I was driving with my 25-year-old son.  As usual, the XM radio was on the 60s channel, so I asked, “Is it strange that I still listen to songs from the 50s, 60s, and 70s? Are you and your friends attached to your music like we baby boomers are to ours?” He said they weren’t, but he understood that we like our music.

This exchange reminded me of a discussion with students at Stoughton High School (Wisconsin) where I was assistant principal in the early 1980s. Students said they resented radio stations switching to the “oldies” format. (Those were the early days of the format we now take for granted.) I thought, “You can resent it, but ‘oldies’ will be on the radio as long as baby boomers (the largest demographic) want to hear them.”

Thirty years ago that was my explanation for what was on the radio, and my prediction of what would be on today. I was right, but there is another question here. We have the oldies format because boomers still listen. Why do we listen?

Rock and roll captures the times, so nostalgia is one reason. We also listen because we like being the largest demographic. And for some of us, listening to this music has been a daily habit since our first transistor radio at age 12.

But the main reason we listen is that we grew up during the first time in history when a whole generation shared an appreciation for the poetry of our time. Rock and roll was ubiquitous. Listening taught us about culture, politics, sociology and history.  The lyrics also said we were shapers of American culture, politics, sociology and history. Isn’t that why we still listen?  Rock and roll lyrics are the roots of that message.  Don’t we still dream of shaping a more beautiful America?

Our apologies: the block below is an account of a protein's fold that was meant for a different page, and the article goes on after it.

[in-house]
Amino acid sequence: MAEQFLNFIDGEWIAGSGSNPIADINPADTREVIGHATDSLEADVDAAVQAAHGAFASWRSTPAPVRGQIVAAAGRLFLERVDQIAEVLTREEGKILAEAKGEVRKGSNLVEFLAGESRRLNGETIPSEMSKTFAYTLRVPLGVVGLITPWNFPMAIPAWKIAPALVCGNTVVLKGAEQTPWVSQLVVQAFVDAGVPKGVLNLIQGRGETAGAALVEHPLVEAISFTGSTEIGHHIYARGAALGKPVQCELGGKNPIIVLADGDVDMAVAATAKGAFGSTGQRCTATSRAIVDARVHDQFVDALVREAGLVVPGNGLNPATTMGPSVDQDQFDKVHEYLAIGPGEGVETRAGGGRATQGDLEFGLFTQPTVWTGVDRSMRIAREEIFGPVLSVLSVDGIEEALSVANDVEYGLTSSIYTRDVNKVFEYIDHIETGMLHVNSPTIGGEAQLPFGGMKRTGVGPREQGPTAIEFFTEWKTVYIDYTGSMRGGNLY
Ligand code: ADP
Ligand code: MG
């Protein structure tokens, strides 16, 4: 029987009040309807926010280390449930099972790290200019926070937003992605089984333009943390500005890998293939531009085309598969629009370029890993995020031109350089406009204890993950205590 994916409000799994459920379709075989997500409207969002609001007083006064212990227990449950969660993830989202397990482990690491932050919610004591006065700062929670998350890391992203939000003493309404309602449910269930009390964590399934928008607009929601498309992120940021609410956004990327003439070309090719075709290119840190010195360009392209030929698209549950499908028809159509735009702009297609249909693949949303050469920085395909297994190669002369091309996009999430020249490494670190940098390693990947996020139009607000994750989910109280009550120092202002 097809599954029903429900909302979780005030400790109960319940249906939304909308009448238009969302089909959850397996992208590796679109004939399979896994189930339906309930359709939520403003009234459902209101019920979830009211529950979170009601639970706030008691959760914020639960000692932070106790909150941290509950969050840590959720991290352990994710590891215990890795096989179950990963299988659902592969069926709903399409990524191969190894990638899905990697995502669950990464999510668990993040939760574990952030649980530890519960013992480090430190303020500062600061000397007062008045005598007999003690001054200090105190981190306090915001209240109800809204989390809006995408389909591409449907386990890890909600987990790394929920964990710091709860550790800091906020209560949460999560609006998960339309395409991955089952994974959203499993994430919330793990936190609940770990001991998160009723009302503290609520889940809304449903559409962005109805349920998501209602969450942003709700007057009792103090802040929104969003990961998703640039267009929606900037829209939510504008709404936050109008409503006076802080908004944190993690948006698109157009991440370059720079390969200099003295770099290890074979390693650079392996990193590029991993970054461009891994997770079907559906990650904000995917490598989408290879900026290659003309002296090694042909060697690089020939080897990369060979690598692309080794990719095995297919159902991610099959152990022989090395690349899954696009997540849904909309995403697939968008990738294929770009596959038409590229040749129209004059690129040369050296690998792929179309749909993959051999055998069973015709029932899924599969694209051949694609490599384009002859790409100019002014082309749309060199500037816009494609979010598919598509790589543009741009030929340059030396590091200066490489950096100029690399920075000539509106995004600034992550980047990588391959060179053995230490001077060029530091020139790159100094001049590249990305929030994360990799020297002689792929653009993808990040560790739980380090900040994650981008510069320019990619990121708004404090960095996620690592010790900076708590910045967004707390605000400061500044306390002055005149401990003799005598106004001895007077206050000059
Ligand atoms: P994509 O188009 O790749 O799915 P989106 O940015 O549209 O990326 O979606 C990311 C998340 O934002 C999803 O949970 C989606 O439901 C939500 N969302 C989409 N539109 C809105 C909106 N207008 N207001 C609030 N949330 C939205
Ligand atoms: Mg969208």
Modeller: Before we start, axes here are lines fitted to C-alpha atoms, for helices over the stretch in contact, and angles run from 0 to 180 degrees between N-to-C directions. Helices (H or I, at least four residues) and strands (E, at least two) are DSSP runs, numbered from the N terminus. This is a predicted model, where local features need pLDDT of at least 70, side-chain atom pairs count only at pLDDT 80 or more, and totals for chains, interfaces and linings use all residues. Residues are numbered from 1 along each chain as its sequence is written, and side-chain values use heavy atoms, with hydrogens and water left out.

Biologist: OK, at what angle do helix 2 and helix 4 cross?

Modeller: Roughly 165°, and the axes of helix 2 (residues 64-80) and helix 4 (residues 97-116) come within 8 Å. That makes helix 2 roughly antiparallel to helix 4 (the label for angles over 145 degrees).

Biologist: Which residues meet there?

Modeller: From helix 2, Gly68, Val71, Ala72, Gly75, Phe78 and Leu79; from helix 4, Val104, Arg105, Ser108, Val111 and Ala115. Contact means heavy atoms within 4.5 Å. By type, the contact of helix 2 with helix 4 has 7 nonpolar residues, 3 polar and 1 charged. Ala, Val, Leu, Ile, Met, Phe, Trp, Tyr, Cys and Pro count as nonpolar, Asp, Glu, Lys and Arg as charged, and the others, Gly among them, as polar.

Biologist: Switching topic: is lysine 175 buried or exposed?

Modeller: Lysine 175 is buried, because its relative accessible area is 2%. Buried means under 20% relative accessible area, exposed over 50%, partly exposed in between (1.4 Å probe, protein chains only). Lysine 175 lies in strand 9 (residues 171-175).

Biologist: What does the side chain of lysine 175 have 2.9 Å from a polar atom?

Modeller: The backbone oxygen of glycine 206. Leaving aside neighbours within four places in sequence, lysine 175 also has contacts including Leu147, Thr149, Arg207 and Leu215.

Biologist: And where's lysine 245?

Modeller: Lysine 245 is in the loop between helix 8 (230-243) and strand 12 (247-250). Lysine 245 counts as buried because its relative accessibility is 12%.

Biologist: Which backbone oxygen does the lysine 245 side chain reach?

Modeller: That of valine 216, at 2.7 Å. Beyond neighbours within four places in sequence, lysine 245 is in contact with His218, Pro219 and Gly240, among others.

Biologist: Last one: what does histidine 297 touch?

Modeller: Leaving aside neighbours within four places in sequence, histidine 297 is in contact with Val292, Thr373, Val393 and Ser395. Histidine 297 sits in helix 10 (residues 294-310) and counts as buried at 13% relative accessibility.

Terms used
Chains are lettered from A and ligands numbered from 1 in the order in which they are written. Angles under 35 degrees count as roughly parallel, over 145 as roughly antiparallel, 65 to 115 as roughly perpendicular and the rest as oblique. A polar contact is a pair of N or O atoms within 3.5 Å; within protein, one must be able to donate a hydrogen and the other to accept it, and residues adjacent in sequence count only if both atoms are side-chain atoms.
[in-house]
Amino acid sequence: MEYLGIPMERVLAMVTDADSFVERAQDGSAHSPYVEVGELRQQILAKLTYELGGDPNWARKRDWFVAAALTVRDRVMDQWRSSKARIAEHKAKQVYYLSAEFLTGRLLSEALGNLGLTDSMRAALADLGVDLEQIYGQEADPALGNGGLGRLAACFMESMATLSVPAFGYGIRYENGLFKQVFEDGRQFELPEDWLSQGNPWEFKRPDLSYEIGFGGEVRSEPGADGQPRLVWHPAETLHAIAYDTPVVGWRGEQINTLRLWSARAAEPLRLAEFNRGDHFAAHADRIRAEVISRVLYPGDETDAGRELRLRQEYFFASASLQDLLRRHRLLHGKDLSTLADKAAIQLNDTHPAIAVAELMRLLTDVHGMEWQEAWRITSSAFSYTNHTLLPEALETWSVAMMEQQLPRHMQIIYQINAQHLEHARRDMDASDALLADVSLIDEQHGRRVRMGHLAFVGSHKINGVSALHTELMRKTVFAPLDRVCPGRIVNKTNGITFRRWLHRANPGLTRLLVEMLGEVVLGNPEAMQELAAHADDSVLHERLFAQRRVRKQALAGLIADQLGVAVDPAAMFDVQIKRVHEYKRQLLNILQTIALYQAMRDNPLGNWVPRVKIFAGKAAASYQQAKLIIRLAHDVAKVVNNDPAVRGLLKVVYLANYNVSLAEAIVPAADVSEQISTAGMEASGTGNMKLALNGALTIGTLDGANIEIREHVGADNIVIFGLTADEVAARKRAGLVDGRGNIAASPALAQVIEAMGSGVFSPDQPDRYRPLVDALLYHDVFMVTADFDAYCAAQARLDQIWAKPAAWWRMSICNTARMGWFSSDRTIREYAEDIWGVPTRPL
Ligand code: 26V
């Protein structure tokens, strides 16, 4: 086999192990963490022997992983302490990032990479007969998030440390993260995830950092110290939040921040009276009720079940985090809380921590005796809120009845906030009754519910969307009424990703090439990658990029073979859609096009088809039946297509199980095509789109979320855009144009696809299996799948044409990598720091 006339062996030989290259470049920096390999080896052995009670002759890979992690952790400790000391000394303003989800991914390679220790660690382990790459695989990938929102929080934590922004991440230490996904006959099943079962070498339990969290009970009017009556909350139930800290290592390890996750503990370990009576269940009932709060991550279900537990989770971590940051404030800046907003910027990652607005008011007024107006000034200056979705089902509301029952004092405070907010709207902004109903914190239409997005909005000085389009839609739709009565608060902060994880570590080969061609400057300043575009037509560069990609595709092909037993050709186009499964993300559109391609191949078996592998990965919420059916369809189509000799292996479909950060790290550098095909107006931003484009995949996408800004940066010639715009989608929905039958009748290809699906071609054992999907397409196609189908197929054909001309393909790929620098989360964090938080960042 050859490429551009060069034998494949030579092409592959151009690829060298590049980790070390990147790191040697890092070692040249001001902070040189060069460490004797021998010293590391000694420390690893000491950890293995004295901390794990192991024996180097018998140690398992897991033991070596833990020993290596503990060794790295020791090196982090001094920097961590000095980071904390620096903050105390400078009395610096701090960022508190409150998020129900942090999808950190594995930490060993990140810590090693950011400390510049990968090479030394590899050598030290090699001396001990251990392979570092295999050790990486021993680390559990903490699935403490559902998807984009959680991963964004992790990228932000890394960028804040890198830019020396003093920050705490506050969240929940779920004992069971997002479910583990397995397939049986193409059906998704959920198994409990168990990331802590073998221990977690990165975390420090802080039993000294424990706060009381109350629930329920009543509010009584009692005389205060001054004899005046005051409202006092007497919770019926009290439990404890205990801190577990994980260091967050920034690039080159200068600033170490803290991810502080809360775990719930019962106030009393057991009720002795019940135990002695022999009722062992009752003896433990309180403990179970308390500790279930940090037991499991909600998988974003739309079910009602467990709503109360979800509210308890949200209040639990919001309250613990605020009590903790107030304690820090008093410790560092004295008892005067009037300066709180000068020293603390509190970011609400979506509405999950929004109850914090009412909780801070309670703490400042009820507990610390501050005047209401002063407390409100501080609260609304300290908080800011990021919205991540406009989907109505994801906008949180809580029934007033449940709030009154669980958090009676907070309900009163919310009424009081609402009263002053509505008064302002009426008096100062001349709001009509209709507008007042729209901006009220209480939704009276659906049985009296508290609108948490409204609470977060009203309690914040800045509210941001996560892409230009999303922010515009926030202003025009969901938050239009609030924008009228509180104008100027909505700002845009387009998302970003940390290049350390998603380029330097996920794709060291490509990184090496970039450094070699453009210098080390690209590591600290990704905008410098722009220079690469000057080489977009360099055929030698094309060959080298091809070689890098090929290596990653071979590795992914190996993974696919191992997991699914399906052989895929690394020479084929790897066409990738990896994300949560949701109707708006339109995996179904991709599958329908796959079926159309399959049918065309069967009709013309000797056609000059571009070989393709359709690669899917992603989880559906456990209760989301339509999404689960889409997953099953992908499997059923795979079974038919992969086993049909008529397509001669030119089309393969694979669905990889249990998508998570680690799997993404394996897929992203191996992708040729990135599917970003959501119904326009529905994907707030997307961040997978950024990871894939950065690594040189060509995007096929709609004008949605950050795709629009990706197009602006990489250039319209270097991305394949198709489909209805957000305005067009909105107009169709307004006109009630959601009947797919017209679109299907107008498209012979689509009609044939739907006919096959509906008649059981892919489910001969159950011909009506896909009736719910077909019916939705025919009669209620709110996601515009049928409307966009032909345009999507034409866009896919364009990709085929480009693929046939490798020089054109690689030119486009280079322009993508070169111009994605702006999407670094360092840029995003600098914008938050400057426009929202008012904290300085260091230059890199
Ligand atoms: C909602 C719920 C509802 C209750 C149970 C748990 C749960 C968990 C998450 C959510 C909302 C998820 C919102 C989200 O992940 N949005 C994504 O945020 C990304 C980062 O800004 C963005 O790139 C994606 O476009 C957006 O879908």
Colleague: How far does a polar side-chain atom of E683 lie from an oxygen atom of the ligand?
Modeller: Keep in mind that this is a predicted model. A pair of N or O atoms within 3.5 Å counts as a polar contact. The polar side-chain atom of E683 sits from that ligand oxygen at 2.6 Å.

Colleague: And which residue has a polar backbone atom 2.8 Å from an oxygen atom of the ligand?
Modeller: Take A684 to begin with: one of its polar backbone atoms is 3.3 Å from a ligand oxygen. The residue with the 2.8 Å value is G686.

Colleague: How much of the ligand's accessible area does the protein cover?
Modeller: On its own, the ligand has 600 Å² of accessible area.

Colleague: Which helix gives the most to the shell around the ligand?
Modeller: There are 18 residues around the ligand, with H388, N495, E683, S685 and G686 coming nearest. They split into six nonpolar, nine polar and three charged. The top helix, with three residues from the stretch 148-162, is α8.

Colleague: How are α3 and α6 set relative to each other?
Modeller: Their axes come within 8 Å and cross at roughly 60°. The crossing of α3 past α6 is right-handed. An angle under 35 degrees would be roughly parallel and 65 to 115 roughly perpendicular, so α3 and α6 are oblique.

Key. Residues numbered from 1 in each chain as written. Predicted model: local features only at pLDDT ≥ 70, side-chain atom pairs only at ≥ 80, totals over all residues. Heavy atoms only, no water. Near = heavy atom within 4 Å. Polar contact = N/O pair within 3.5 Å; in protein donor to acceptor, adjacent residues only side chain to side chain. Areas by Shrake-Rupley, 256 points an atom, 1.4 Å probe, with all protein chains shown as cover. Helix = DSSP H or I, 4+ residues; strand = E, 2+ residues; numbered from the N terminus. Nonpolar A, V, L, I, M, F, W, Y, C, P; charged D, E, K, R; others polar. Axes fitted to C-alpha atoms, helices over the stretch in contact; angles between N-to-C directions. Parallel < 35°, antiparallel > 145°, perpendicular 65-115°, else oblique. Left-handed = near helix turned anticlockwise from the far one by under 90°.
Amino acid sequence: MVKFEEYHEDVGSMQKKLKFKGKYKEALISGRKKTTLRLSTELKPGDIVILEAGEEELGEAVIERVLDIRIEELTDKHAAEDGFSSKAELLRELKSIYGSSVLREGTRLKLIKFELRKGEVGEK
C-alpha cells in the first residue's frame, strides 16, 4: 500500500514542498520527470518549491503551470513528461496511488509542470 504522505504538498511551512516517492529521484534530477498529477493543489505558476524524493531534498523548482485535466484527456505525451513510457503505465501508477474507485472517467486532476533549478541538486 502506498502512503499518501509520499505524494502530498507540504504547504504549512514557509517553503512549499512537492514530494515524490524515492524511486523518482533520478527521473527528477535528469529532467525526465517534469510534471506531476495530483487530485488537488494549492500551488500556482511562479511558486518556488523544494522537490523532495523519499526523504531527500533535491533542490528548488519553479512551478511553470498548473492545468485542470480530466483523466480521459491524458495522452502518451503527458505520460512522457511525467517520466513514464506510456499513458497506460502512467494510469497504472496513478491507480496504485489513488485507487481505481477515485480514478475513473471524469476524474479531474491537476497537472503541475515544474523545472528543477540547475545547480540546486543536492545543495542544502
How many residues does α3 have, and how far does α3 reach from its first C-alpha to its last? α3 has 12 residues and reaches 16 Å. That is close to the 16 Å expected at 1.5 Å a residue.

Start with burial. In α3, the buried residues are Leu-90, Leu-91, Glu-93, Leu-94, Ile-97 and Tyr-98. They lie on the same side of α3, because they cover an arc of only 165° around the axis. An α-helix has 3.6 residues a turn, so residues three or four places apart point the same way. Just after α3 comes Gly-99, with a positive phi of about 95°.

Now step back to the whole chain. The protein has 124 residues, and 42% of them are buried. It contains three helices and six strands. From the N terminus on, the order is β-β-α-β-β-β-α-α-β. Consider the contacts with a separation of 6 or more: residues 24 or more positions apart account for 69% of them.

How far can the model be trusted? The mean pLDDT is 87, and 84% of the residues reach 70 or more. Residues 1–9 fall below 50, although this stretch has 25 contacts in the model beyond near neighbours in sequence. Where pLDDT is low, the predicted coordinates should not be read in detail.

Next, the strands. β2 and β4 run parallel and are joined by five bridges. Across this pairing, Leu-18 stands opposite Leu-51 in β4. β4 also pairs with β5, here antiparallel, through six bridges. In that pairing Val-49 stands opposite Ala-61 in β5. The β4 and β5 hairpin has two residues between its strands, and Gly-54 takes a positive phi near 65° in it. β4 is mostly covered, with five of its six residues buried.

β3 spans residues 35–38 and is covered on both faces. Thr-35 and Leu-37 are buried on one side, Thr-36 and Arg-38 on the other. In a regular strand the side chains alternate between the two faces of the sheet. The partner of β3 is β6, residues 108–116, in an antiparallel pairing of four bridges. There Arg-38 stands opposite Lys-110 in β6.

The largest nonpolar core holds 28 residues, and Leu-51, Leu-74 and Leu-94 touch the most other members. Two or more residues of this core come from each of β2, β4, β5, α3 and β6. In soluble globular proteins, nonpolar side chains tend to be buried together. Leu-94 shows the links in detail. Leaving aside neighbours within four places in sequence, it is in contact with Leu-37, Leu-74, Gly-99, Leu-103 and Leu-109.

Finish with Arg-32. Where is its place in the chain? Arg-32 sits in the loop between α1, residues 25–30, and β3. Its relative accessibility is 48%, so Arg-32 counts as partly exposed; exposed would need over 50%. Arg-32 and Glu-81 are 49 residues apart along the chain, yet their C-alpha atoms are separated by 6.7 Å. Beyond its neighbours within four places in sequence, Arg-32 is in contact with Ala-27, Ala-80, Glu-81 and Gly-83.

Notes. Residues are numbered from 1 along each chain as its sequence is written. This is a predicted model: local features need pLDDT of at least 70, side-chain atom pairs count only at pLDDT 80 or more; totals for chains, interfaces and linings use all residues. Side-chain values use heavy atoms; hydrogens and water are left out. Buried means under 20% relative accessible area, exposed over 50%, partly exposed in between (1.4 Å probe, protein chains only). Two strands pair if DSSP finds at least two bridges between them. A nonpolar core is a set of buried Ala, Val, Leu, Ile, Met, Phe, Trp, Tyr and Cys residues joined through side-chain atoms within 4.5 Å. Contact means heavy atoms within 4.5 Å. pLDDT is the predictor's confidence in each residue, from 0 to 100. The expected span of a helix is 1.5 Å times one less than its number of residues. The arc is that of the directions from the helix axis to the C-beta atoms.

This is where baby boomers can share stories about their favorite rock and roll lyrics.  Stories can be about anything — dances, the beach, partying, cruising, romance, crushes, locker room antics, the carnival, road trips, summer vacation, the lake, field trips, band camp, bus trips, etc.  Nostalgia is good when it explains the life experiences that still inspire us today.

Here is a story to get things started:

Song Title: Roll Over Beethoven
Artist/Lyricist: Chuck Berry (1956)

Lyric: “You know, my temperature’s risin’
The jukebox’s blowin’ a fuse.
My heart’s beatin’ rhythm
and my soul keeps a-singin’ the blues.
Roll Over Beethoven and tell Tschaikowsky the news.”

Story: I was 12 when the Beatles hit the scene. They wrote their own songs, but they also paid tribute to early rock and rollers. My first experience of “Roll Over Beethoven” was the Beatles’ version. When I found out it was a Chuck Berry lyric, I gained a new respect for the poetry of early rock and rollers (Jailhouse Rock and Hound Dog, notwithstanding).

Is there a lyric that better reflects the feeling of early rock and roll? Without being disrespectful to Beethoven and Tchaikovsky, Berry pointed to both the history of music and the beginnings of rock and roll. This was a new kind of music; so yes — “Roll over Beethoven and tell Tschaikowsky the news.”  (Somebody might want to comment on the Electric Light Orchestra cover, which is a rocking, electronic version that also pays tribute to the masters.)

Click on “Share a Story” and fill out the form. (We might need a separate category for Dylan lyrics.)